Often I get asked about what a true Vancouver dining experience is – it’s hard to pinpoint mostly because we are such a melting pot of different culinary experiences. However, if I were to define Vancouver dining, it would be our love for using everything that grows in the beautiful Pacific Northwest. Wildebeest incorporates locally sourced items in it’s farm-to-table concept.
Wildebeest’s Executive Chef Ian McHale incorporates local ingredients thoughtfully in all the menu items – including the new, limited time menu Field & Forest Festival. This menu runs from today, June 3rd until June 17th.
We were invited to a preview of the menu items last week and here are our thoughts:
We started off the evening with the How to Dougie cocktail ($15) – created with Douglas Fir-infused Resurrection Spirits White Rye, dry Vermouth, foraged flowering currant cordial, maraschino liquor and herbal bitters. I liked the cocktail as it was sweet but with a good balance of herbal notes. The smell of the cocktail reminded me of Christmas.
Our first dish was the Foxglove Farm Asparagus ($13) made with licorice fern, buttermilk, wood sorrel, strawberries and mustard seed. I’m normally not a fan of asparagus, but I loved every bite of this dish – it had a nice warm flavour throughout with a slight bit of sweetness from the berries.
Next up was the Smoked Yarrow Meadows Duck ($18), served with trailing blackberry, Buffalo blue and wild herbs. Not only is this a beautiful dish to stare at, I wish it never ended. Each slice of duck was tender, not too salty and had a great smoky flavour while not too gamey. The usually intense flavour of duck was balanced beautifully with the sweet, slightly tart blackberry and sharp blue cheese.
This dish was paired with the Bartier Bros. Cerqueira Vineyard Merlot ($13) – it’s a stronger, smokier merlot that compliments the duck quite well.
Our first main dish was the Rabbit Rigatoni ($28). The rigatoni is made in house and the rabbit is tender and has a nice, slightly smokey flavour to it. It came out piping hot and the aroma of the dish is captivating. The lovage and elderflower components give this dish an interesting twist to the taste – as the aroma made me think that it would taste differently! This is an easy dish to devour.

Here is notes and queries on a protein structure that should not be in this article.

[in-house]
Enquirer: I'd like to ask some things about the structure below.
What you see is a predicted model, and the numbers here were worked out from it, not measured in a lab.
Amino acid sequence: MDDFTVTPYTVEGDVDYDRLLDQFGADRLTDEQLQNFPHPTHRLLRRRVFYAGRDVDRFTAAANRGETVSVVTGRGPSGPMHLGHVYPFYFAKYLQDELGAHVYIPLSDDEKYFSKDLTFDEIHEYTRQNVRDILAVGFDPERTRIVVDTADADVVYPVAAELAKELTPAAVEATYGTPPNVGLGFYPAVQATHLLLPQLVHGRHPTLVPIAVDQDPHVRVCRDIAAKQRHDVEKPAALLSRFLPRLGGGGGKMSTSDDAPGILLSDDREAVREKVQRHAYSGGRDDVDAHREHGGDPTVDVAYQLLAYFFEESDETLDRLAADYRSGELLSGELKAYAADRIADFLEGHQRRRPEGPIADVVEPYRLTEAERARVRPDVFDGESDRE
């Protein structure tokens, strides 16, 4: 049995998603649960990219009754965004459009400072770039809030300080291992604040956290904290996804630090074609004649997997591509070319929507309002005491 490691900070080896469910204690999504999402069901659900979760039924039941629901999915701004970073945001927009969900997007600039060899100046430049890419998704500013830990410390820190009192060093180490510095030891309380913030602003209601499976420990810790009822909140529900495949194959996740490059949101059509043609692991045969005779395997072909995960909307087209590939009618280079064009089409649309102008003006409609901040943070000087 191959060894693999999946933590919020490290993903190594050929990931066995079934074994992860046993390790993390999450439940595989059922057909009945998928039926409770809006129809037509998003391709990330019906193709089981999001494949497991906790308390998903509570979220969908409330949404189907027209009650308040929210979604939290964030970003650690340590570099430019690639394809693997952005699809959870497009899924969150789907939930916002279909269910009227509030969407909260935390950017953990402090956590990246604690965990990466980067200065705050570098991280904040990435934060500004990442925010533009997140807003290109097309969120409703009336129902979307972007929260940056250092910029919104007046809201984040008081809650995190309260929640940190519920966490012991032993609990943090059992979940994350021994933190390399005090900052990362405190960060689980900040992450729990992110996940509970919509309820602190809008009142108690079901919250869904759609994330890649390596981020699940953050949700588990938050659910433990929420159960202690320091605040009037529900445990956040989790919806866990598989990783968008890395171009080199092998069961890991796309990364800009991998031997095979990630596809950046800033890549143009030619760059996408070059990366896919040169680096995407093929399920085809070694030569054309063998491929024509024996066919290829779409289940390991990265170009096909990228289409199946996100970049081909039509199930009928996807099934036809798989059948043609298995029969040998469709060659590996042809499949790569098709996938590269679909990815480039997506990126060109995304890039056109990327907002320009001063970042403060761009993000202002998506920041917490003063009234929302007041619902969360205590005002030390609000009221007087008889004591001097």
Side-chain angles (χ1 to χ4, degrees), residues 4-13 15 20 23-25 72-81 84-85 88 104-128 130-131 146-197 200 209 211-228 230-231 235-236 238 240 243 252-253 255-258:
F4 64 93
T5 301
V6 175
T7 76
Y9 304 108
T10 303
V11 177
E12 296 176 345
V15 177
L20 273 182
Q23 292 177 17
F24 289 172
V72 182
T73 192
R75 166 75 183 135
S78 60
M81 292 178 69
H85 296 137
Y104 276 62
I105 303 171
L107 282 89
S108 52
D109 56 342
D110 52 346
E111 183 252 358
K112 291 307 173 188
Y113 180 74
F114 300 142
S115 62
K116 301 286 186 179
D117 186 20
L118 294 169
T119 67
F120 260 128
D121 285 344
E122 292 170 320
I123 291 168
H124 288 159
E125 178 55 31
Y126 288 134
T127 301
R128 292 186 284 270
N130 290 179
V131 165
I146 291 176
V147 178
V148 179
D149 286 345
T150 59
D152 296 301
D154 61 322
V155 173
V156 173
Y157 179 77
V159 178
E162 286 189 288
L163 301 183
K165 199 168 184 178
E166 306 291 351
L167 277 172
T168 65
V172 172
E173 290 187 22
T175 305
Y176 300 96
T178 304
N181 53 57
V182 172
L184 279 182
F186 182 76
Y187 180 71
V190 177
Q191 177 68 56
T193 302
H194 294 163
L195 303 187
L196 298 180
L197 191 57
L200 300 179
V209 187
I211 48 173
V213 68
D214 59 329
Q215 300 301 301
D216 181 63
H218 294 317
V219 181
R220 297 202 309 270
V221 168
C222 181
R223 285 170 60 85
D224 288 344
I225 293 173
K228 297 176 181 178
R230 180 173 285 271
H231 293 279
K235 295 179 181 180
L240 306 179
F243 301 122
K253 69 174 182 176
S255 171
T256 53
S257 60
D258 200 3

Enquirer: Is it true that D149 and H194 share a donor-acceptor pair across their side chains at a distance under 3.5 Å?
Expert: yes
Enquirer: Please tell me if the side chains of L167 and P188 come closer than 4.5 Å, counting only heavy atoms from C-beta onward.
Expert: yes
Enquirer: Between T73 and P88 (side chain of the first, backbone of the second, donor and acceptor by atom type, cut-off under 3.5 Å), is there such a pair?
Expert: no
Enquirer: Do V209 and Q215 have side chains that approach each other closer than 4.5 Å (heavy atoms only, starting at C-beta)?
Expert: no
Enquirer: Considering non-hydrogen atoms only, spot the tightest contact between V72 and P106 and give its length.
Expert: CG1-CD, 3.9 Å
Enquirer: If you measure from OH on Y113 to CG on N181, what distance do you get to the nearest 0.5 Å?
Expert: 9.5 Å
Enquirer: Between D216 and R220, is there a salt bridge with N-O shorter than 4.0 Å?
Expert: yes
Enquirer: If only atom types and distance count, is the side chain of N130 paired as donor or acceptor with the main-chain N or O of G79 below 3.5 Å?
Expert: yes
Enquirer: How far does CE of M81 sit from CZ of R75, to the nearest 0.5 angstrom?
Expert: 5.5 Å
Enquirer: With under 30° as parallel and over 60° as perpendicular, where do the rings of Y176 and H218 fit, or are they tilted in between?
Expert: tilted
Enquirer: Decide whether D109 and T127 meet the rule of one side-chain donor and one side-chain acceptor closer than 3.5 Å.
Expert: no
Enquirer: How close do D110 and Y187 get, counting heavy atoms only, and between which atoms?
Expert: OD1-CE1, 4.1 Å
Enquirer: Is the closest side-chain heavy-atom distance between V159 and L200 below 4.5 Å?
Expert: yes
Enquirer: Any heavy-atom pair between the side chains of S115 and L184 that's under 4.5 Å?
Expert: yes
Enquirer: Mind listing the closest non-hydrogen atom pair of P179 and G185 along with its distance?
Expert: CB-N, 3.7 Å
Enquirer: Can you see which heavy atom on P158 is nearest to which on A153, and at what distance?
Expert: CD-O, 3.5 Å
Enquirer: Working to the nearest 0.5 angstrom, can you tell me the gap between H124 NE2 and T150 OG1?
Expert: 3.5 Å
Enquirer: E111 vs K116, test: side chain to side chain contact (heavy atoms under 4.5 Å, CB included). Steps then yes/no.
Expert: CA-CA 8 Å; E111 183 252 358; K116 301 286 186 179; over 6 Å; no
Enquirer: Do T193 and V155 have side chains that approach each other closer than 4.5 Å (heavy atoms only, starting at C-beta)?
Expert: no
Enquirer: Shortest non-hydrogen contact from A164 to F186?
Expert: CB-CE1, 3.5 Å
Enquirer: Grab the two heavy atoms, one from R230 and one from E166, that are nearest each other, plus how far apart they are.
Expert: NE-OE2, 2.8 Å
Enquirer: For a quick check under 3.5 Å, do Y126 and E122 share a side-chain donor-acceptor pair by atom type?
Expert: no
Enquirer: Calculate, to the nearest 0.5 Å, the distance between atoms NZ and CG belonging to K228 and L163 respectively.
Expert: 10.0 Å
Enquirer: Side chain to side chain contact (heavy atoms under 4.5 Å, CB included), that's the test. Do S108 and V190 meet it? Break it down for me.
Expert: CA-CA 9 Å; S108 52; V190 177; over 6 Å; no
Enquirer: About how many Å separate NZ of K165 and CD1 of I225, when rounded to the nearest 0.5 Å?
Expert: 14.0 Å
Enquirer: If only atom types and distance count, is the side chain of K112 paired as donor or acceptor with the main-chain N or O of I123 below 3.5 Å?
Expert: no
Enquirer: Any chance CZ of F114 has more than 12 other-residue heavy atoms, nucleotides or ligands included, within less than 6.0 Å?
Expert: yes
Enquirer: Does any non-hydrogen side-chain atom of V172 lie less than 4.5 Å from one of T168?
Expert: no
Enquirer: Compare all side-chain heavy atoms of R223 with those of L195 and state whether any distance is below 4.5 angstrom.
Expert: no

The Rigatoni was paired with Reyneke Biodynamic Chenin Blanc 2016 ($15) – it was such a lovely white, I will definitely have to pick up a bottle for when I make pasta at home.
One of my favourite dishes of the evening came in the form of their Peace Country Lamb Shank ($39). The lamb was very tender and fell off the bone easily. The flavour of the meat was not too gamey and had spice, herbal and slightly sweetness to it. I have to say that the morels stole the show, especially since it was stuffed in foie gras. I never knew heaven until I bit into a morel mushroom stuffed in foie gras. Yum!
The dish was paired with TH Cabernet Franc 2017 Okanagan Valley, BC ($17) – another well thought out pairing.
Finally, we finished our dinner with some dessert – Grand Fir ($11). Made with malted custard, cannoli pastry and paired with Grand Fir ice cream. The first thing that came to mind was that this dessert reminded me of Christmas – the smell of the fir and the flavouring throughout. I liked the subtlety of the taste and the light, crispiness of the cannoli.
This was paired with the Chateau d’Aydie Doux Petit Manseng 2016 ($10) – easily one of my favourites of the evening.
We are so incredibly lucky to have beautiful herbs, produce and meats available to us here – this is the perfect way to enjoy these local flavours. I’d definitely recommend you check it out – I’m going to have to come back in the next week or two to introduce my husband to some of these dishes!
For more information on the menu and details on how to make a reservation, check out their website here: https://wildebeest.ca/field-forest